Assuming it is reasonably reflective of the product at hand, the press blurb tells us the following:
Common sense has always been a cornerstone of American politics. In 1776, Tom Paine’s vital pamphlet with that title sparked the American Revolution. And today, common sense—the wisdom of ordinary people, knowledge so self-evident that it is beyond debate—remains a powerful political ideal, utilized alike by George W. Bush’s aw-shucks articulations and Barack Obama’s down-to-earth reasonableness. But far from self-evident is where our faith in common sense comes from and how its populist logic has shaped modern democracy.
I’m struck by these key phrases and words: “always…a cornerstone,” “wisdom of ordinary people,” “self-evident,” “beyond debate,” and “faith.” Here’s the second paragraph from the blurb:
The story begins in the aftermath of England’s Glorious Revolution, when common sense first became a political ideal worth struggling over. Sophia Rosenfeld’s accessible and insightful account then wends its way across two continents and multiple centuries, revealing the remarkable individuals who appropriated the old, seemingly universal idea of common sense and the new strategic uses they made of it. Paine may have boasted that common sense is always on the side of the people and opposed to the rule of kings, but Rosenfeld demonstrates that common sense has been used to foster demagoguery and exclusivity as well as popular sovereignty. She provides a new account of the transatlantic Enlightenment and the Age of Revolutions, and offers a fresh reading on what the eighteenth century bequeathed to the political ferment of our own time. Far from commonsensical, the history of common sense turns out to be rife with paradox and surprise.
More key ideas and points: “a political ideal,” used to “foster demagoguery…exclusivity…[and] popular sovereignty.”
Here’s what Rothman had to say about Rosenfeld’s book (bolds mine—aside: notice the similarities and differences with the blurb):
Common sense has a special place in modern politics. Politicians constantly appeal to it in their arguments, and they do so because democracy itself is founded on a faith in common sense. In 1776, for instance, Thomas Paine wrote, in his pamphlet Common Sense, that “simple facts, plain arguments, and common sense” would suffice to place the rights of the people above the rights of the king. The king, and many others, disagreed; and yet today common sense seems, so to speak, self-evident.
The truth is, as usual, more complicated. …Common sense was invented by scientists, philosophers, and politicians. It only seems self-evident now because the idea of common sense presents itself as common-sensical, as though everyone, were he not disabused of the notion by experts, would know that he possessed it. Common sense is…a “slippery” idea — the kind of idea that covers its own tracks.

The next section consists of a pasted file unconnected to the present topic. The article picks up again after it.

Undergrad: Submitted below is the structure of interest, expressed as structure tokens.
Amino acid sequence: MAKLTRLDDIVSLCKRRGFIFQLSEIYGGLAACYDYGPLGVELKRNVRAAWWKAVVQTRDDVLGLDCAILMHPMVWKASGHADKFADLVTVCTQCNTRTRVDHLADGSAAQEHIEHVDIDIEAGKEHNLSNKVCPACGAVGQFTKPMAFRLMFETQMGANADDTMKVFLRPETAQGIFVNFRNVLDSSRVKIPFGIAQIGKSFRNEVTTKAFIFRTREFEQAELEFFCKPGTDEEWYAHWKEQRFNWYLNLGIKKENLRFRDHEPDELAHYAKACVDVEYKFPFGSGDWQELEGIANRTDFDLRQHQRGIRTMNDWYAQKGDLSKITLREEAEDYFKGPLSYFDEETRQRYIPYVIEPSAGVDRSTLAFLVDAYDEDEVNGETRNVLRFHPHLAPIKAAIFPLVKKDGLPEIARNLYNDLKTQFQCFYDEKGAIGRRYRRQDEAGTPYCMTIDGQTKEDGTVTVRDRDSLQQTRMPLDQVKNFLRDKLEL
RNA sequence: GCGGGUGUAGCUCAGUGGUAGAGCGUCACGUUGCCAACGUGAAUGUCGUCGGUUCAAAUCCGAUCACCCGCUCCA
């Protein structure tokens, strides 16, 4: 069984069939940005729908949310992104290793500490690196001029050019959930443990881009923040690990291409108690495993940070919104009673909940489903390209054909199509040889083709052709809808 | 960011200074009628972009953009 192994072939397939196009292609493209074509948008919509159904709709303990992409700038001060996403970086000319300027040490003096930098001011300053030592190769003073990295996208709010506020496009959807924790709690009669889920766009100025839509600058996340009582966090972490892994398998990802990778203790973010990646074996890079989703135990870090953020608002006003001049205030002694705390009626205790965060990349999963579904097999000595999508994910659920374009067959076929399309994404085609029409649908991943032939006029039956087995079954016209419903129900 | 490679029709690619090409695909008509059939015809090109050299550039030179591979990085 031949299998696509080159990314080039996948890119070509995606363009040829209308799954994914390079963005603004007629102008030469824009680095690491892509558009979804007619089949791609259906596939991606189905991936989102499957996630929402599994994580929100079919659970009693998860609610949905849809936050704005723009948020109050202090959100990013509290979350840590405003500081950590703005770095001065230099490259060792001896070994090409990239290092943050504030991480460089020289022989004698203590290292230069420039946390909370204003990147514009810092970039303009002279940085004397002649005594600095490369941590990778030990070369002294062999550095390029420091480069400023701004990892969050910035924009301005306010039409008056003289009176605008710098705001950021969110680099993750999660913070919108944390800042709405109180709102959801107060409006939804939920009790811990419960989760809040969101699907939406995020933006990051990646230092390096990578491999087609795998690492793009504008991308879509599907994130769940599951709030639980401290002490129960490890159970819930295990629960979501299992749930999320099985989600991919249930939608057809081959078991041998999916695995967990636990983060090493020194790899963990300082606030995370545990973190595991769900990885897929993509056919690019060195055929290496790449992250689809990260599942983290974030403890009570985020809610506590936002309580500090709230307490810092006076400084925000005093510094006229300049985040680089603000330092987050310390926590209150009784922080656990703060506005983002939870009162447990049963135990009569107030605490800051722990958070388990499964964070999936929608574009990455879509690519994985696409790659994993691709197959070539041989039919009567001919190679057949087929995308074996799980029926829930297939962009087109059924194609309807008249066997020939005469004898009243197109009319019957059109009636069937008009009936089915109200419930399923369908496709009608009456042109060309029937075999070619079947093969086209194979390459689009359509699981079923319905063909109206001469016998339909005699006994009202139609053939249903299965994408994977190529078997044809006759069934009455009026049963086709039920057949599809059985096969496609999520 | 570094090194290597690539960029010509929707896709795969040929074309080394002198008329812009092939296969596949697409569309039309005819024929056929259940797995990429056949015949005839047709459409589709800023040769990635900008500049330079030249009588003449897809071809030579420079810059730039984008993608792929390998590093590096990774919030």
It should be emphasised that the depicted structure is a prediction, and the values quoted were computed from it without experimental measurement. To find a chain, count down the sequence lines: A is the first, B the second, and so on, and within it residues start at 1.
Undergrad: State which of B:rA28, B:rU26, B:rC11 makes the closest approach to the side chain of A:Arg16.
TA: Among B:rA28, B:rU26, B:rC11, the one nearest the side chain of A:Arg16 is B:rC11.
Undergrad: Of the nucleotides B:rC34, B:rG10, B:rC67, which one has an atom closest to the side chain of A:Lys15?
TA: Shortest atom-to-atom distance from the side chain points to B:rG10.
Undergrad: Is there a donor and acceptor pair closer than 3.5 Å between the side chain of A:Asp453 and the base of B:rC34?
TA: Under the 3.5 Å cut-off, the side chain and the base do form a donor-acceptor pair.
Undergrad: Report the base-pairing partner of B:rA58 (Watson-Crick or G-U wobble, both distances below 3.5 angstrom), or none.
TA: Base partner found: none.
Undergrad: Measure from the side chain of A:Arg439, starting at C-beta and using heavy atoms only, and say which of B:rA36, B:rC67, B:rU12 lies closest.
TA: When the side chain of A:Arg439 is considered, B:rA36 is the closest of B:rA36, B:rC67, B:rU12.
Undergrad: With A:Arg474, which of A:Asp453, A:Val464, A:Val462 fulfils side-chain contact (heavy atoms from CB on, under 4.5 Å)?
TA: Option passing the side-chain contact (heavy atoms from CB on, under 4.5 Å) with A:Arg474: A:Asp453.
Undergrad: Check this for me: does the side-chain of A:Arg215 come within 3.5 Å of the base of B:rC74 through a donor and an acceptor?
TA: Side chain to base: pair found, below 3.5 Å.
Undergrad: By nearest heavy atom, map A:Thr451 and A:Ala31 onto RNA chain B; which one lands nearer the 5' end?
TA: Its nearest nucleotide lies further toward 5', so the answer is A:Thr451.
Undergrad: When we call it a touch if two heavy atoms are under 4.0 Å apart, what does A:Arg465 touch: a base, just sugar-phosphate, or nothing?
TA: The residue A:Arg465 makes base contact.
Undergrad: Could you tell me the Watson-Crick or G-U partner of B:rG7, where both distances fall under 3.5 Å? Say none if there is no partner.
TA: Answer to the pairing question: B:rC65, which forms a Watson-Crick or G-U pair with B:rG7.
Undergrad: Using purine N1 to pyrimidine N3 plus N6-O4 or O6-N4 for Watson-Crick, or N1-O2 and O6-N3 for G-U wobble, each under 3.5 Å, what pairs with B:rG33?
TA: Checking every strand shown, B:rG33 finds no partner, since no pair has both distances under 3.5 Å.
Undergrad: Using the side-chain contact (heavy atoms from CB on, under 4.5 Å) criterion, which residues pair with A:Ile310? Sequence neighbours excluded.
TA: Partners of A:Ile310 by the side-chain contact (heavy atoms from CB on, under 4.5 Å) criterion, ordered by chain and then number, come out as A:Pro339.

Rosenfeld’s account of common sense centers on the eighteenth century, when common sense and the scientific method both got their starts. Both ways of thinking about thinking [i.e. epistemology], she writes, began with “a Protestant emphasis on direct, experiential knowledge, simplicity, and the value of ‘ordinary life.'” Enlightenment thinkers, who championed reason over tradition and superstition, often cited something not unlike common sense as the quality that authorized them to set aside received ideas and come to their own conclusions. But that alliance was not to last. Science became increasingly specialized, and thinking, especially in print, more rigorous, complicated, and systematized.
Rosenfeld ties her story to a number of large historical developments throughout the seventeenth and eighteenth centuries. Living in thriving, cosmopolitan cities gave ordinary people the sense that their (actually very local) intuitions might be universally true. Well-educated media types — think Thomas Paine — began presenting themselves as representatives of “the people,” in an effort to find a middle position in an economically stratified society. And people in authority, overwhelmed by an explosion of books and pamphlets, began using the idea of “common sense” to disqualify ideas they didn’t like as absurd or inappropriate. What emerges from this history is that, as Rosenfeld puts it, “common sense is almost never fully consensual;” instead, ideas about what’s common-sensical are “almost always polemical.”
What are we to take away from Rosenfeld’s history—assuming these passages above accurately reflect the contents of her book?
The political usage of common sense over time is clearly “rife with paradox” and inconsistencies. This is probably not surprising to most of us. Past and present politicians have a penchant for using words, terms, and phrases for personal gain—irrespective of truth, philosophy, and consistency. Nevertheless, Rothman reports Rosenfeld to argue that “democracy itself is founded on a faith in common sense.” This is probably disheartening to a significant number of intellectuals, but I think she’s right. I can’t decide, however, if this says more about the fragility of democracy or the tentative nature of knowledge. In either case, today’s usage of common sense is indeed “almost always political”—if mostly anchored in right-wing politics.
But, if we can set aside the uses and abuses of common sense by politicians, Rosenfeld also tells us that we should take seriously the intellectual foundations of common sense. …
Let me stop here, however, since this post is getting overly long. Next week I’ll try to connect those serious intellectual foundations with Mortimer Adler, the great books, and late twentieth-century liberalism. Stay tuned! – TL